As stated above, mediation is a way of resolving differences with the help of a trained, independent third party. The parties, with or without lawyers, are brought together by the mediator in a neutral setting. A mediator does not represent either side and does not offer legal advice. Parties are encouraged to hire a lawyer to advise them of their rights during the mediation process. The mediator helps the parties identify the issues, gather the information they need to make informed decisions, and communicate so that they can find a solution agreeable to both. Mediation is designed to assist with settling court cases in an informal, cooperative manner. The court maintains a roster of approved mediators or private non-roster mediation services also are available. The judge will make the final determination as to whether to grant the divorce or dissolution.
Mediation can occur privately at any time agreed upon by the parties, or it can occur through the Court.
COURT-MANDATED MEDIATION/SETTLEMENT EVENTS
Custody & Parenting Time Mediation. Custody and parenting time mediation is mandatory under the Rules of Court.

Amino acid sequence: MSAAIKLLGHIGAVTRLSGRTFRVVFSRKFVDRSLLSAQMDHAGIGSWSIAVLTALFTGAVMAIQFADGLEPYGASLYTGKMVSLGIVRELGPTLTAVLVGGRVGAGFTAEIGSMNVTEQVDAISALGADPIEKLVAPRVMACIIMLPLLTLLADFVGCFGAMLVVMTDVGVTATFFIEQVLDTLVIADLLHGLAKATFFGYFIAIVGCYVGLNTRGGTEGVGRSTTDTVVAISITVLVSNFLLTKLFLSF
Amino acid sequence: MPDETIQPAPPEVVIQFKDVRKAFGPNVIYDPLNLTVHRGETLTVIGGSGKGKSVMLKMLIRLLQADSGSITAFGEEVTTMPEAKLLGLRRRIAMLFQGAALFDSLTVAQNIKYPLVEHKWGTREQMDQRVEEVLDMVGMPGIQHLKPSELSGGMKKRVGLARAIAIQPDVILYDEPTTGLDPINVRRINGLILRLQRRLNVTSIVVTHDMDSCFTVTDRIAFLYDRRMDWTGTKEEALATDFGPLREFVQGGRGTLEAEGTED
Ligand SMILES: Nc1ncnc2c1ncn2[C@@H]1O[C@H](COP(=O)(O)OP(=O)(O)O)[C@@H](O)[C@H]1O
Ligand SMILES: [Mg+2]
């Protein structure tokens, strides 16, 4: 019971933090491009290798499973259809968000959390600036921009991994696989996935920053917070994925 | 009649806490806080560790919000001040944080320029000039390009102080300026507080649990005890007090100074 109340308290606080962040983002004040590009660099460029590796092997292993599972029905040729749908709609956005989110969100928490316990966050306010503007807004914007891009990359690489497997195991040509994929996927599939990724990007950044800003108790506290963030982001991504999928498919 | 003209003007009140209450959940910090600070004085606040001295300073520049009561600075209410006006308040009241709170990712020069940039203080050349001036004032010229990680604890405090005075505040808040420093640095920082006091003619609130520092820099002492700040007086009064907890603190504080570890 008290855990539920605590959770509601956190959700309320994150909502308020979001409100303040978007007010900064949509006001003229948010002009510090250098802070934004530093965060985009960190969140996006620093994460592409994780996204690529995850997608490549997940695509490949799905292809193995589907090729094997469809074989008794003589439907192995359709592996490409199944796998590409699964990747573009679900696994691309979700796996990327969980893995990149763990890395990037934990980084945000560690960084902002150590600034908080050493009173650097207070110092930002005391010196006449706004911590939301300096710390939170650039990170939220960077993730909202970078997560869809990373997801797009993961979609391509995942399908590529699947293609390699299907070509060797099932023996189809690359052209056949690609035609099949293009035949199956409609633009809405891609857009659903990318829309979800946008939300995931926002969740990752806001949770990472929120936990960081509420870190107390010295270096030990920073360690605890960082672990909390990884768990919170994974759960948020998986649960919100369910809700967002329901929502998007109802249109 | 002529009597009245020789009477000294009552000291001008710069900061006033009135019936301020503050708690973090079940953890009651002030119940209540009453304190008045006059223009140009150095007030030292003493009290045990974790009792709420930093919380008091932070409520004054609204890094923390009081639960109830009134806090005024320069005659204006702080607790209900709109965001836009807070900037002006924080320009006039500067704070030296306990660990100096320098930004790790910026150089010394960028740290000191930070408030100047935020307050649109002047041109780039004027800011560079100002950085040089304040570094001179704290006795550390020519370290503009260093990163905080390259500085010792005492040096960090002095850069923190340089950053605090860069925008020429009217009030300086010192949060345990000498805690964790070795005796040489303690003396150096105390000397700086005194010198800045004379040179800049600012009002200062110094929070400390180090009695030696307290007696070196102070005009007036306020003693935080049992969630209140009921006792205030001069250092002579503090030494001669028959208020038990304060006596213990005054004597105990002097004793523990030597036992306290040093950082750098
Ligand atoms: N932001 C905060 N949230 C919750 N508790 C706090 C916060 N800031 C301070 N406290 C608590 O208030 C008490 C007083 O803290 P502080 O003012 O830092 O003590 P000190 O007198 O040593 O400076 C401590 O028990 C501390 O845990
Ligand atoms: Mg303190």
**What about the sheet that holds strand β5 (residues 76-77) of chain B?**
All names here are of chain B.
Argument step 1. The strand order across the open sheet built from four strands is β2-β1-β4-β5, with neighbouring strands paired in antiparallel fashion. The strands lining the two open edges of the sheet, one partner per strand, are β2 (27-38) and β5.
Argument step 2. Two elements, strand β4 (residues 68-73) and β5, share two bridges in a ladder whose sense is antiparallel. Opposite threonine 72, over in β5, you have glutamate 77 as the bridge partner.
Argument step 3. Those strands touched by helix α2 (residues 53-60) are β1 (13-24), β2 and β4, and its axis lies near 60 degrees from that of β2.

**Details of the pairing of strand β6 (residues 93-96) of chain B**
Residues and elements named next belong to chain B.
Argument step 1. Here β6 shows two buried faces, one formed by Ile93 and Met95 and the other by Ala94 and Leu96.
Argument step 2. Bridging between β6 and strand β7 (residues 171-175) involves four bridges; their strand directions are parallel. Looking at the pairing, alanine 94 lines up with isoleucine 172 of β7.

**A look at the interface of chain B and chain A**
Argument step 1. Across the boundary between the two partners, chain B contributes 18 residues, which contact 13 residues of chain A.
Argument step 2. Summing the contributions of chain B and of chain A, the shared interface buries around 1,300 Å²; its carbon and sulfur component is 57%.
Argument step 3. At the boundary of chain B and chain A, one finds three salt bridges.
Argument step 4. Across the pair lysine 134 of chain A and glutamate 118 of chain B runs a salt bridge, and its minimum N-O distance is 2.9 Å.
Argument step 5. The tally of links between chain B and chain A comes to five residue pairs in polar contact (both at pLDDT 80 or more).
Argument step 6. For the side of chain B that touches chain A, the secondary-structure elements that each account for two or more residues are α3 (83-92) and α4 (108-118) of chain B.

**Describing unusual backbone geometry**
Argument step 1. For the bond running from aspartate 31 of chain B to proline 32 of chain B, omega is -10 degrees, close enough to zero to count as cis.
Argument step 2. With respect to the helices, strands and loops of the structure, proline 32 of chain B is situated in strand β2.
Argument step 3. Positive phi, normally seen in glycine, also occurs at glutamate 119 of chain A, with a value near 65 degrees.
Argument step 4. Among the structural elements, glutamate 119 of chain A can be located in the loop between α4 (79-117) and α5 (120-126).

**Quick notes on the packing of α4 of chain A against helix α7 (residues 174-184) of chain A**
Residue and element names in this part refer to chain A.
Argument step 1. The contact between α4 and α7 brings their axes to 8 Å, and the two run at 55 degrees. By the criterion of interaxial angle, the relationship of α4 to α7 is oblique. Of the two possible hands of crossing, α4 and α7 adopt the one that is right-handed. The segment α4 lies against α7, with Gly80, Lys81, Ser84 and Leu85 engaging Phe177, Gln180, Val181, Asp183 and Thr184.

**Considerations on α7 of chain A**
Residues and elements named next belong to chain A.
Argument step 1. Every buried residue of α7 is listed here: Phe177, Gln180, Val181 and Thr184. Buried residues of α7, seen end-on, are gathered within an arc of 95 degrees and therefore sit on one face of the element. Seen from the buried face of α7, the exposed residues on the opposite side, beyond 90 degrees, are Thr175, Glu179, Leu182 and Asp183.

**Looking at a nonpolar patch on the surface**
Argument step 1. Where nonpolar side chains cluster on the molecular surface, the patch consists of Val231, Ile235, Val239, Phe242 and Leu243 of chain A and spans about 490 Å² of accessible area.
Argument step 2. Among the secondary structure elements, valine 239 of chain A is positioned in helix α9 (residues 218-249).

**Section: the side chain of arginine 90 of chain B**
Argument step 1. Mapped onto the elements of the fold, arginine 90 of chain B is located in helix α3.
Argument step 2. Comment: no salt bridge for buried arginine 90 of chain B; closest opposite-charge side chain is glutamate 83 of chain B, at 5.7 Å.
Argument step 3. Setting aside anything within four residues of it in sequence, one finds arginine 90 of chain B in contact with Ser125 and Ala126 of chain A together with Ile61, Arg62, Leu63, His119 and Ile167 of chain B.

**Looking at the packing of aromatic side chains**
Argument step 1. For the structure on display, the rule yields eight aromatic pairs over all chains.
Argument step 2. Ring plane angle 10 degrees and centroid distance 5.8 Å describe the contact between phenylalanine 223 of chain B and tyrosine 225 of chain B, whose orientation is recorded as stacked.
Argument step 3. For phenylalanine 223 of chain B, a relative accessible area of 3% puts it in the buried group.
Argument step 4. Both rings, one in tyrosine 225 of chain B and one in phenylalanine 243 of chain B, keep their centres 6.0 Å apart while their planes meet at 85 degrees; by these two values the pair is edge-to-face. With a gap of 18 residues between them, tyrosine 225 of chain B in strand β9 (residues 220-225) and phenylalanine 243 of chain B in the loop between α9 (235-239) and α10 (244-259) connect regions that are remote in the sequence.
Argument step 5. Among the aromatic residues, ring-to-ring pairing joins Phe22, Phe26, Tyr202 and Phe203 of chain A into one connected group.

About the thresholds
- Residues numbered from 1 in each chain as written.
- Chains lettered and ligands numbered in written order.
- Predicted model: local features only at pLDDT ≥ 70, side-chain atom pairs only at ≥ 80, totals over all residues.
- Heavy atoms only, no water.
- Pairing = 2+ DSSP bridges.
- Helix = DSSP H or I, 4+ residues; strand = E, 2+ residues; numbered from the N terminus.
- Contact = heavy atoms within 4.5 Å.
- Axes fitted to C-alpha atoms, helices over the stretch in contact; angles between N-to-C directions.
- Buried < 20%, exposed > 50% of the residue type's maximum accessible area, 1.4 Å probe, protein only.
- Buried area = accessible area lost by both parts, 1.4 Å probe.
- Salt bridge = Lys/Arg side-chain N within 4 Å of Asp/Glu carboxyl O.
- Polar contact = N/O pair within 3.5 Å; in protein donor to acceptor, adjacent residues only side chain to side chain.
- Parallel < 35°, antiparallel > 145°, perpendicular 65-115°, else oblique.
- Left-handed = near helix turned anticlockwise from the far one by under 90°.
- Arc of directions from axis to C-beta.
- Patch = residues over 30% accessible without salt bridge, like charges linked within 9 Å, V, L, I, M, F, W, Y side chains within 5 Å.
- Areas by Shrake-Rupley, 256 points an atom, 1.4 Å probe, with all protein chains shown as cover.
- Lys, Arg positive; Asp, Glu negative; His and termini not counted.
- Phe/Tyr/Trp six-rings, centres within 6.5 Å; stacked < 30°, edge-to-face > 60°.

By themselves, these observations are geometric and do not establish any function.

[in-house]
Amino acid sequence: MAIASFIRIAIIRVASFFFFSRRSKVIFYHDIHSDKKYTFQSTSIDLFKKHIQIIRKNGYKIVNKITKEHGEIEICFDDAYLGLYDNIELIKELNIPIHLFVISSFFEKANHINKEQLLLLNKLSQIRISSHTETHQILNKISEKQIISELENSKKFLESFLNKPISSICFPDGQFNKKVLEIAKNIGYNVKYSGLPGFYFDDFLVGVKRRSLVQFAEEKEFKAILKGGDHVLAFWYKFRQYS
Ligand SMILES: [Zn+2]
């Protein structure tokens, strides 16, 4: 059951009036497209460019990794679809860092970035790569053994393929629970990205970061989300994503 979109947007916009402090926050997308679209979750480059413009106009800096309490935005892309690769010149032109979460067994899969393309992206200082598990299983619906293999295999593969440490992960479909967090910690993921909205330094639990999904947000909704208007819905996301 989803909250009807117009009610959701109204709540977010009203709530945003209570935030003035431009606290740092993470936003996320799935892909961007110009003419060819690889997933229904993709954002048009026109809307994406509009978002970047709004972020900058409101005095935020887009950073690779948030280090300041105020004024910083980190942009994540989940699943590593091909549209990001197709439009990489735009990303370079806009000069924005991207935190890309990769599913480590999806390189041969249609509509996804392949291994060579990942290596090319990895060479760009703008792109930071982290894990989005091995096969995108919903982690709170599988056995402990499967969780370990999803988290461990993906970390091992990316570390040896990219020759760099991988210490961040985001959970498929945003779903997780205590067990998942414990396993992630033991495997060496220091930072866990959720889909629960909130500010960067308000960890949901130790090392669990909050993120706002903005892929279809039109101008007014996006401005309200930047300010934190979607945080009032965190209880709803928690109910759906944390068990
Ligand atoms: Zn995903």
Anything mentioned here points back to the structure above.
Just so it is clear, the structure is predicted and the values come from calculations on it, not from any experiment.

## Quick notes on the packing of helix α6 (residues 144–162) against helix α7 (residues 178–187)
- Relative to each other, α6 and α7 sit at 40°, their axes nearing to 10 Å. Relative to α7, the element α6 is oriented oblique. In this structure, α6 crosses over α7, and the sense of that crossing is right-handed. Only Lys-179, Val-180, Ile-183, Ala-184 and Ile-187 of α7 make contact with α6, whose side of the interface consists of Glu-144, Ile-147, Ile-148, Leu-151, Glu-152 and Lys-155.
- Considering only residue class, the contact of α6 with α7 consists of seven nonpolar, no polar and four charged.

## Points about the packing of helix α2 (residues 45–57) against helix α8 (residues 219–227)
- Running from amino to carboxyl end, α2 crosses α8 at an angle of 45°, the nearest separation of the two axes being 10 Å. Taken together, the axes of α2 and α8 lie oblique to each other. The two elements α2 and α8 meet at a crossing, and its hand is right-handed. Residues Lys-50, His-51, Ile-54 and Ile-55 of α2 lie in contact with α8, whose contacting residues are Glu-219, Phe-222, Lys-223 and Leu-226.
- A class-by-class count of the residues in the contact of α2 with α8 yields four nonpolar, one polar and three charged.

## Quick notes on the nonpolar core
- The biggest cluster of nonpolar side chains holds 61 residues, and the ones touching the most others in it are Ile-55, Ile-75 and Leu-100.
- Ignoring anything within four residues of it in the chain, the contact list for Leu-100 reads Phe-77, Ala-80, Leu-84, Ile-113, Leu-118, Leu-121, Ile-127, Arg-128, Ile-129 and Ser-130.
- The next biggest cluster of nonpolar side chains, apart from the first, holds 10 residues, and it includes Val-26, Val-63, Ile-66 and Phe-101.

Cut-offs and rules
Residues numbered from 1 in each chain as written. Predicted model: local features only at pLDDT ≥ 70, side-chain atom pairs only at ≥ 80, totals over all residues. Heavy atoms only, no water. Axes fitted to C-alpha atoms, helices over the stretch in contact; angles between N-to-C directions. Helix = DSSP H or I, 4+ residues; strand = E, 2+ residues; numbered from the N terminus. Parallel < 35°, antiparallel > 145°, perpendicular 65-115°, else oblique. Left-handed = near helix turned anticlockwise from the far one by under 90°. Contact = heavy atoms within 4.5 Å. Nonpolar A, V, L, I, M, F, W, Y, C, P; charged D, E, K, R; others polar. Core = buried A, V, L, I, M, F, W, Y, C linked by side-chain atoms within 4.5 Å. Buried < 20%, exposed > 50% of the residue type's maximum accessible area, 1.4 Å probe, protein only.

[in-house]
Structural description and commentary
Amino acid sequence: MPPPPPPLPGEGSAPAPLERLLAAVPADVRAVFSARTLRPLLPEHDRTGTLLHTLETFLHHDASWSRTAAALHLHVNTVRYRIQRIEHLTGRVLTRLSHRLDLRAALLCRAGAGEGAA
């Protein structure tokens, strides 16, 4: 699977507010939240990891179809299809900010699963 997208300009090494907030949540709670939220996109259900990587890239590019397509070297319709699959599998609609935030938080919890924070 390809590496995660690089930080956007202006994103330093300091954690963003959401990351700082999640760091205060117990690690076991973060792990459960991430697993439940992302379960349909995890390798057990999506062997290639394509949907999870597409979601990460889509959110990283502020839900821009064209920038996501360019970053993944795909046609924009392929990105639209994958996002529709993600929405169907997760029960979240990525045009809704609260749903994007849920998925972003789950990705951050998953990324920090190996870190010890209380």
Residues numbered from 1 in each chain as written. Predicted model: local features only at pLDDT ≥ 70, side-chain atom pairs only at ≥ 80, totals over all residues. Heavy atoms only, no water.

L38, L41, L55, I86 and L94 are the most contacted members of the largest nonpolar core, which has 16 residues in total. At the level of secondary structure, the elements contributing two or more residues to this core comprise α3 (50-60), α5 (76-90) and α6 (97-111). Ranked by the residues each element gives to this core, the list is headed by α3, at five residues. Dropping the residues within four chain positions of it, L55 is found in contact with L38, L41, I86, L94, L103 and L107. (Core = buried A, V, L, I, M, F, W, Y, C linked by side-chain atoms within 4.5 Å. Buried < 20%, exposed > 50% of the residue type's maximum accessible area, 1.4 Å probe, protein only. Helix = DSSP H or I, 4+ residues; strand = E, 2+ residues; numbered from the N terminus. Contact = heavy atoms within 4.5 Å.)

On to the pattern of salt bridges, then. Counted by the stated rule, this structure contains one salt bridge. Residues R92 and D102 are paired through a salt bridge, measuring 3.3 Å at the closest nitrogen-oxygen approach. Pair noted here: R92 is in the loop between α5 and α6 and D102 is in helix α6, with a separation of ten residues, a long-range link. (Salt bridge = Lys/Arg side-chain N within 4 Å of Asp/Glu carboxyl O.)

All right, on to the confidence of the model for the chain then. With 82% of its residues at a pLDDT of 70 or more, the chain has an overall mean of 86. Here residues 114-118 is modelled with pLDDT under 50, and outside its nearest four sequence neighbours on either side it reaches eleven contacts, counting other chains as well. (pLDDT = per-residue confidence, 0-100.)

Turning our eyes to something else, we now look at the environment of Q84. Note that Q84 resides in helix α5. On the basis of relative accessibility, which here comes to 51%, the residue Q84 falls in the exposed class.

“In family actions in which the court finds that either the custody of children or parenting time issues, or both, are a genuine and substantial issue, the court shall refer the case to mediation in accordance with the provisions of R. 1:40-5. During the mediation process, the parties shall not be required to participate in custody evaluations with any expert. The parties may, however, agree to do so. The mediation process shall last no longer than two months from the date it commences or is ordered to commence, whichever is sooner. As set forth in R. 5:8-6, the court, on good cause shown, may extend the time period. The date for conclusion of mediation shall be set forth in any Case Management Order(s). If the mediation is not successful in resolving custody issues, the court may before final judgment or order require an investigation to be made by the Family Division of the character and fitness of the parties, the economic condition of the family, the financial ability of the party to pay alimony or support or both, and the parties’ homes, which shall be limited to a factual description of the home where the child will reside or visit, appropriate child safety precautions in the home, number of household members and their relationship to the child, and criminal record checks for both parties.” [R. 5:8-1.]